WASHINGTON — President Barack Obama on Friday announced an aggressive campaign to shrink the size of the federal government, calling on lawmakers to grant him broad new powers to propose mergers of agencies, which Congress would then have to approve or reject in an up-or-down vote.
If granted the authority, he said, he would begin by folding the Small Business Administration and five other trade and business agencies into a single agency that would replace the Commerce Department.
The White House estimated that the consolidation would save $3 billion over 10 years and result in reductions of 1,000 to 2,000 jobs. The savings is a mere rounding error in the $3.7 trillion annual budget, but the numbers may be less important than the message that Obama wants to cut wasteful spending.
"No business or nonprofit leader would allow this kind of duplication or unnecessary complexity in their operations," Obama said to an audience of small business owners at the White House. "You wouldn't do it when you're thinking about your businesses, so why it is okay for our government? It's not."
It is not clear whether Congress, where much of Obama's legislative agenda has languished, will go along with this initiative. Republicans were immediately skeptical, suggesting that the White House was more interested in honing its re-election message than in reducing the size of government.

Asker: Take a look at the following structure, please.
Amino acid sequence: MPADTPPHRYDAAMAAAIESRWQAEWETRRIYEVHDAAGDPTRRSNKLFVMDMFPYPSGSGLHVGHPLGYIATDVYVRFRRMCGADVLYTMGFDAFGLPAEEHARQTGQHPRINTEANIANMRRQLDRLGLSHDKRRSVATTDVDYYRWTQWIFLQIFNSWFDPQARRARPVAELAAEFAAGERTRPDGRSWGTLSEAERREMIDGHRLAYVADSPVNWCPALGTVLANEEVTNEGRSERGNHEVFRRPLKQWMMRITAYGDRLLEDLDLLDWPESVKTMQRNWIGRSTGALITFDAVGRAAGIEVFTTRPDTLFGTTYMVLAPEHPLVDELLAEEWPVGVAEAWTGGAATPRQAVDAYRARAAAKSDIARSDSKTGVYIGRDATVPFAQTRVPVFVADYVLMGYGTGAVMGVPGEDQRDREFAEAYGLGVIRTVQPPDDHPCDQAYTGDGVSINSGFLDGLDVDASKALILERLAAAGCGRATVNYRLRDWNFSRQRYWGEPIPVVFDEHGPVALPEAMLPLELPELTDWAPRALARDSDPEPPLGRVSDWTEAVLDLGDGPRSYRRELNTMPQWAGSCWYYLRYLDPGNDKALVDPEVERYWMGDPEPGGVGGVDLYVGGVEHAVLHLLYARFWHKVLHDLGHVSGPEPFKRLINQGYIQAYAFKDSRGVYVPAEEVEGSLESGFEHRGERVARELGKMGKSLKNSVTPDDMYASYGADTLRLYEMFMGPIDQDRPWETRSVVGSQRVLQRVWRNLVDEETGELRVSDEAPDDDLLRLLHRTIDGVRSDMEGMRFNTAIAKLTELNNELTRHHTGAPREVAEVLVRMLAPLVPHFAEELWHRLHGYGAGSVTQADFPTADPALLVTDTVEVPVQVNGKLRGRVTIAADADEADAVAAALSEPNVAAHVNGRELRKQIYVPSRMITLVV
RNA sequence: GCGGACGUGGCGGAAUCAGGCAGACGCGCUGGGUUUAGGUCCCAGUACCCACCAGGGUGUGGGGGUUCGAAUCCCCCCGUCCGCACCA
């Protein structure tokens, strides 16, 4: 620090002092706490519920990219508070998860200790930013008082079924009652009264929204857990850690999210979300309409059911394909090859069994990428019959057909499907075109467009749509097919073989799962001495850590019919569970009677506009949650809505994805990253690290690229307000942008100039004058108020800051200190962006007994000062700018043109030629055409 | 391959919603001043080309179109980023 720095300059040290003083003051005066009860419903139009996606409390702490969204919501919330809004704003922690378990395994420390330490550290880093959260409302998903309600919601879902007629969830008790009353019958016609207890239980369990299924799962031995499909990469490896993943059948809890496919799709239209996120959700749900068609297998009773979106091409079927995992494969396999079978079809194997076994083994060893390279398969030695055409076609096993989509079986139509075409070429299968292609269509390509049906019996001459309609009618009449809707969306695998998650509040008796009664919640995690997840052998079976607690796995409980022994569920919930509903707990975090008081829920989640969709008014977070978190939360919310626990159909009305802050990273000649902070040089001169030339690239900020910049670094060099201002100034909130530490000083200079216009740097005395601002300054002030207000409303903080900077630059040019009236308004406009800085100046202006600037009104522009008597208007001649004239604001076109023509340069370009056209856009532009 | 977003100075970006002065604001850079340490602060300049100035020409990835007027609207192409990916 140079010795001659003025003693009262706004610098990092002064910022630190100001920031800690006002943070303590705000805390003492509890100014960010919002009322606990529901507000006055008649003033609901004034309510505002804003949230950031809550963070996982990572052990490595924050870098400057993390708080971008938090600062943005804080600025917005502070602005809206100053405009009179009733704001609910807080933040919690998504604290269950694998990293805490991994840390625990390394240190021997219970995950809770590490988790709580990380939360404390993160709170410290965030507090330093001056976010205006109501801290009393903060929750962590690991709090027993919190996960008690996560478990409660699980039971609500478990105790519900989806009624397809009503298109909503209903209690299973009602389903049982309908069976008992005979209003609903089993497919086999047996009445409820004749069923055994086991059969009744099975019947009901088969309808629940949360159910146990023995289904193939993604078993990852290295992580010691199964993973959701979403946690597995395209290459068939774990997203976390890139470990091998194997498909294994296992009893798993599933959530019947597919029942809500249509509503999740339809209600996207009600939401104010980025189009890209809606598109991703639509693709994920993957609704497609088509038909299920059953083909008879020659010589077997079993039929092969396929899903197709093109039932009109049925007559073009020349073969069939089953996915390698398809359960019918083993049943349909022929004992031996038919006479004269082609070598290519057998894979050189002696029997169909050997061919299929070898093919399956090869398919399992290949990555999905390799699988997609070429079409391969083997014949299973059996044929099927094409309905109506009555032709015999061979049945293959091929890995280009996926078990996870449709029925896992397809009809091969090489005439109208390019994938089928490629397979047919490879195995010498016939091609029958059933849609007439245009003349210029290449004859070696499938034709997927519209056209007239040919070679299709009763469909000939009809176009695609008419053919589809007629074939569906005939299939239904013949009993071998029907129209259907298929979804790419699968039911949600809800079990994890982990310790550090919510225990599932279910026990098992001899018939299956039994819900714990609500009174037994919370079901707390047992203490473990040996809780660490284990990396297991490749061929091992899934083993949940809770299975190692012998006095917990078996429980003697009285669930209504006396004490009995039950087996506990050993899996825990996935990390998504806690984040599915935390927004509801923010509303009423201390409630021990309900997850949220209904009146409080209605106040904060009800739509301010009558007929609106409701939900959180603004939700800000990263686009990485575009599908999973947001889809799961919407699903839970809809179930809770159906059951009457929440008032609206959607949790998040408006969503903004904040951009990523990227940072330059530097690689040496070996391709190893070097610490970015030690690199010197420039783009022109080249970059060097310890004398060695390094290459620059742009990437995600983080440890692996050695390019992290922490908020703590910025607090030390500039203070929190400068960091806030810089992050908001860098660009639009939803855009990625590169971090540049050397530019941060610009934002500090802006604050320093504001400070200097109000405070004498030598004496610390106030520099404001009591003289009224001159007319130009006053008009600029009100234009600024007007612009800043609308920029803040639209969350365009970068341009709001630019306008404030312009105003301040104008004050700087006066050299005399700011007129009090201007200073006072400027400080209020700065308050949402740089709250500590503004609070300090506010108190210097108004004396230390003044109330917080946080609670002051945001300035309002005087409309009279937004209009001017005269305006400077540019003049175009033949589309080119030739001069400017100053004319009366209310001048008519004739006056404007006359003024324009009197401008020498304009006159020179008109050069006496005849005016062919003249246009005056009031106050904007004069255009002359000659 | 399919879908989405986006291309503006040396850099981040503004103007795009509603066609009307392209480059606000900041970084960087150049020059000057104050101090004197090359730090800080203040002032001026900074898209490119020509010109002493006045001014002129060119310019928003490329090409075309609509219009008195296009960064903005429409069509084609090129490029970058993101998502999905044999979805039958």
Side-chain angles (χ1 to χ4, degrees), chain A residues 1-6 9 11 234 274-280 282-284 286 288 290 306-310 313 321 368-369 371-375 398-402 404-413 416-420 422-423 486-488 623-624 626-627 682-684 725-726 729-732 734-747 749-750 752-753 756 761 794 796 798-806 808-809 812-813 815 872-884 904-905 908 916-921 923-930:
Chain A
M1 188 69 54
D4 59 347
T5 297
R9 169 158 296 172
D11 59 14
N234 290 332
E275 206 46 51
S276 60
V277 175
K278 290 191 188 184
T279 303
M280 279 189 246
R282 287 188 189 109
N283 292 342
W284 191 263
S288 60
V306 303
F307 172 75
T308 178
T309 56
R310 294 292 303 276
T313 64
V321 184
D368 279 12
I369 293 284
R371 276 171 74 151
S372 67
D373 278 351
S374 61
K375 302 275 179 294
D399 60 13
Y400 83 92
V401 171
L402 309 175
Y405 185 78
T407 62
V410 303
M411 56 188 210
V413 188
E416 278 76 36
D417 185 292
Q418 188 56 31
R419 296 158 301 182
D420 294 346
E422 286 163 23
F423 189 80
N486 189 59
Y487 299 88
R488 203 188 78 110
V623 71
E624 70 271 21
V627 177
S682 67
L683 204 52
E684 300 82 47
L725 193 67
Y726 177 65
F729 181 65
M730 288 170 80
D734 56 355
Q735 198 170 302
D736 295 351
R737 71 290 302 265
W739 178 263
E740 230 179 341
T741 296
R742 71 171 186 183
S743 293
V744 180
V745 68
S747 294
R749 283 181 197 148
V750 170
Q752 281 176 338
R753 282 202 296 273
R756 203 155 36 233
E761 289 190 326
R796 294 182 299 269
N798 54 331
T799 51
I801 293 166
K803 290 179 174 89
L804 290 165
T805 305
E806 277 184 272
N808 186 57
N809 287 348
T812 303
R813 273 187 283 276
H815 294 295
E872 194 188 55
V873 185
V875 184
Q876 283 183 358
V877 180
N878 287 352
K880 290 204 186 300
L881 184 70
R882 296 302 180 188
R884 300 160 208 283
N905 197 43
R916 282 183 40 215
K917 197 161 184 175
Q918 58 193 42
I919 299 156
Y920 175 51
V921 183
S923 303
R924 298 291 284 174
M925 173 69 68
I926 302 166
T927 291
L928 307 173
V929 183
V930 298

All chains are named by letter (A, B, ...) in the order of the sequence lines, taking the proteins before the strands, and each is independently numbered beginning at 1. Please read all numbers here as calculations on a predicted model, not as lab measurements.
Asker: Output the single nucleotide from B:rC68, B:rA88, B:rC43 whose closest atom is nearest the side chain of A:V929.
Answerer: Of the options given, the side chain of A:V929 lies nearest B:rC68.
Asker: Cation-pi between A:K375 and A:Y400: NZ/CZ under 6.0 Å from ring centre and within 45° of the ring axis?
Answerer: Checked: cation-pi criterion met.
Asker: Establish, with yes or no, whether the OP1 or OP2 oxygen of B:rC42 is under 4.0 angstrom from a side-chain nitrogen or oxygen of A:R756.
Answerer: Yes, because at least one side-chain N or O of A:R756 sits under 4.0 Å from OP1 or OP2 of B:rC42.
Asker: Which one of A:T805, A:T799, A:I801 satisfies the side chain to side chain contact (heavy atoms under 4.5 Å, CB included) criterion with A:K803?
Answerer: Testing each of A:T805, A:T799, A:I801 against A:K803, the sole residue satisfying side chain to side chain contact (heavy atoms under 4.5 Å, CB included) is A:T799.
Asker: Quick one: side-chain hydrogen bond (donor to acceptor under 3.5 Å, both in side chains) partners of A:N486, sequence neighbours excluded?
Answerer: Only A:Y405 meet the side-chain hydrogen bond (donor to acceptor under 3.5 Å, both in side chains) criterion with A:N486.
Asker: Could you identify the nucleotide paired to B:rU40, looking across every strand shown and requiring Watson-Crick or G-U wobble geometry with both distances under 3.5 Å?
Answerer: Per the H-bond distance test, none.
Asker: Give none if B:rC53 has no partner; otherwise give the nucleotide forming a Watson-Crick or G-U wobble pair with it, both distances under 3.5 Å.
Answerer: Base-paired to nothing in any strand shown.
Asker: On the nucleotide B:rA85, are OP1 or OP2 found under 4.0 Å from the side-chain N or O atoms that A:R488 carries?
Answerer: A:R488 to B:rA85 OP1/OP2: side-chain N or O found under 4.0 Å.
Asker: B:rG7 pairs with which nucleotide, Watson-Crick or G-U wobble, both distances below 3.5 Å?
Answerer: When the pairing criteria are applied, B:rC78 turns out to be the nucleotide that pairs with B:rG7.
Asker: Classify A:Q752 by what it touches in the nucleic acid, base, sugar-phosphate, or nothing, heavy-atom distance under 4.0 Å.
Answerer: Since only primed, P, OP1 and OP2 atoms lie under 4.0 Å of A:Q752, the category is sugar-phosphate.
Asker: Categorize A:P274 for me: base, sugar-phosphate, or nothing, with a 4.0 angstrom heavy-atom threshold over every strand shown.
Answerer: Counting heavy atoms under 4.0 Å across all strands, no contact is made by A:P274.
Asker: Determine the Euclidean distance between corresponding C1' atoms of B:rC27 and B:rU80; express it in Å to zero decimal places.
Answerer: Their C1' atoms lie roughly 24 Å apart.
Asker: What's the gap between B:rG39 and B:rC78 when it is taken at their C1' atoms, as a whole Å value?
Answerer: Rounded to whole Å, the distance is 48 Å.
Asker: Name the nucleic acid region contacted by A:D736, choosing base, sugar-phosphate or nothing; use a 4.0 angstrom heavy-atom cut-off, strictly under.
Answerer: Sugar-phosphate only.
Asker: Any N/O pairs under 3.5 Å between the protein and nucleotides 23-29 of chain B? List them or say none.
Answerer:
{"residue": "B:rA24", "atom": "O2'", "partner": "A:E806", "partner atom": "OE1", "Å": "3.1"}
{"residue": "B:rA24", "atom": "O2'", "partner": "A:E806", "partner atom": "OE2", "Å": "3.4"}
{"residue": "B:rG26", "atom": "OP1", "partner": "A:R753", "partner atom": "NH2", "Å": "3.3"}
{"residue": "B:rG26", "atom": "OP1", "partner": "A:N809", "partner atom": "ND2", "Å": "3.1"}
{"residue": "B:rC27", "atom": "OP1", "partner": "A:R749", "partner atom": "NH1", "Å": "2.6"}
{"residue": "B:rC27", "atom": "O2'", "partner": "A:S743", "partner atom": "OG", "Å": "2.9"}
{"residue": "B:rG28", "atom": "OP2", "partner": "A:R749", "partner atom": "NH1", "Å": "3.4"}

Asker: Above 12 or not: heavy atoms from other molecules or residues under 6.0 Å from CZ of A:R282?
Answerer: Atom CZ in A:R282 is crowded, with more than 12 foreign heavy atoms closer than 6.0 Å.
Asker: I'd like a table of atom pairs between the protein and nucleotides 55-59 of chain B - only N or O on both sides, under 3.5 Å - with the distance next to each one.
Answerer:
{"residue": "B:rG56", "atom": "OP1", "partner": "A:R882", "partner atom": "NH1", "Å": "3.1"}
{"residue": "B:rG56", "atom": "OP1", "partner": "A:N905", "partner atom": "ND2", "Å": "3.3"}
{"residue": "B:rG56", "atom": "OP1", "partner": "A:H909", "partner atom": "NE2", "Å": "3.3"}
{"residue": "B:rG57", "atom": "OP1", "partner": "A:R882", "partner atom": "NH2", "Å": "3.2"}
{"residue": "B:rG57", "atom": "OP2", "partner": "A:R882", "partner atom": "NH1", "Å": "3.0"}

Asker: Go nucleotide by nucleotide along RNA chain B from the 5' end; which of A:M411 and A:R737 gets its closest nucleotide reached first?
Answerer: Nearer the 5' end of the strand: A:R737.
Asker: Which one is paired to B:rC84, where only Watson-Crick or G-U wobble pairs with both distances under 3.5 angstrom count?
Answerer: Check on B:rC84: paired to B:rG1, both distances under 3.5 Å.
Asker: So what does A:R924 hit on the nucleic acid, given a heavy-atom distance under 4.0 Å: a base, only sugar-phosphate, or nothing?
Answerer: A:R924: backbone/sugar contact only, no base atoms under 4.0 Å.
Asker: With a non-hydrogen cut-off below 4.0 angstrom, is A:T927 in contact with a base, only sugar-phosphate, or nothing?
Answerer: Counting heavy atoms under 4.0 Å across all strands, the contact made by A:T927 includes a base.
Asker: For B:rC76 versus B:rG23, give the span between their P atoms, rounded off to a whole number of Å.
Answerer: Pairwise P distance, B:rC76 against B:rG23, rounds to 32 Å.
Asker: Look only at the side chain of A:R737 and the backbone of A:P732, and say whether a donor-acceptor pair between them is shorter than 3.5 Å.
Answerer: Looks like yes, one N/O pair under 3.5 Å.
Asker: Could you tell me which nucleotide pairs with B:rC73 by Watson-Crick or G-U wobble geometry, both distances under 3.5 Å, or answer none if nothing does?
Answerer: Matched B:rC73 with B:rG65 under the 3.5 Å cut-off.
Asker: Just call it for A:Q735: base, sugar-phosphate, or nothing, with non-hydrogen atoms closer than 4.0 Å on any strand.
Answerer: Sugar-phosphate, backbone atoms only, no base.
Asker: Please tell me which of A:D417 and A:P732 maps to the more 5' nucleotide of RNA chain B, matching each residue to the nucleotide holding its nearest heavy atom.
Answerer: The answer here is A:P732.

Even Democratic leaders expressed misgivings about folding the Office of the United States Trade Representative, a stand-alone agency with just 277 employees, into a large bureaucracy, saying it could harm U.S. trade policy.
Under the terms of the reorganization, five agencies — the Small Business Administration, the United States Trade Representative, the Export-Import Bank, the Overseas Private Investment Corporation and the Trade and Development Agency, plus the business and trade functions of the Commerce Department — would be consolidated into a single agency.
Obama said he would elevate the director of the Small Business Administration, now Karen Mills, to his Cabinet. The U.S. trade representative would retain Cabinet rank, the White House said.
A spokesman for House Speaker John Boehner said streamlining the government was a laudable goal. "We hope the president isn't simply proposing new packaging for the same burdensome approach," said the spokesman, Brendan Buck.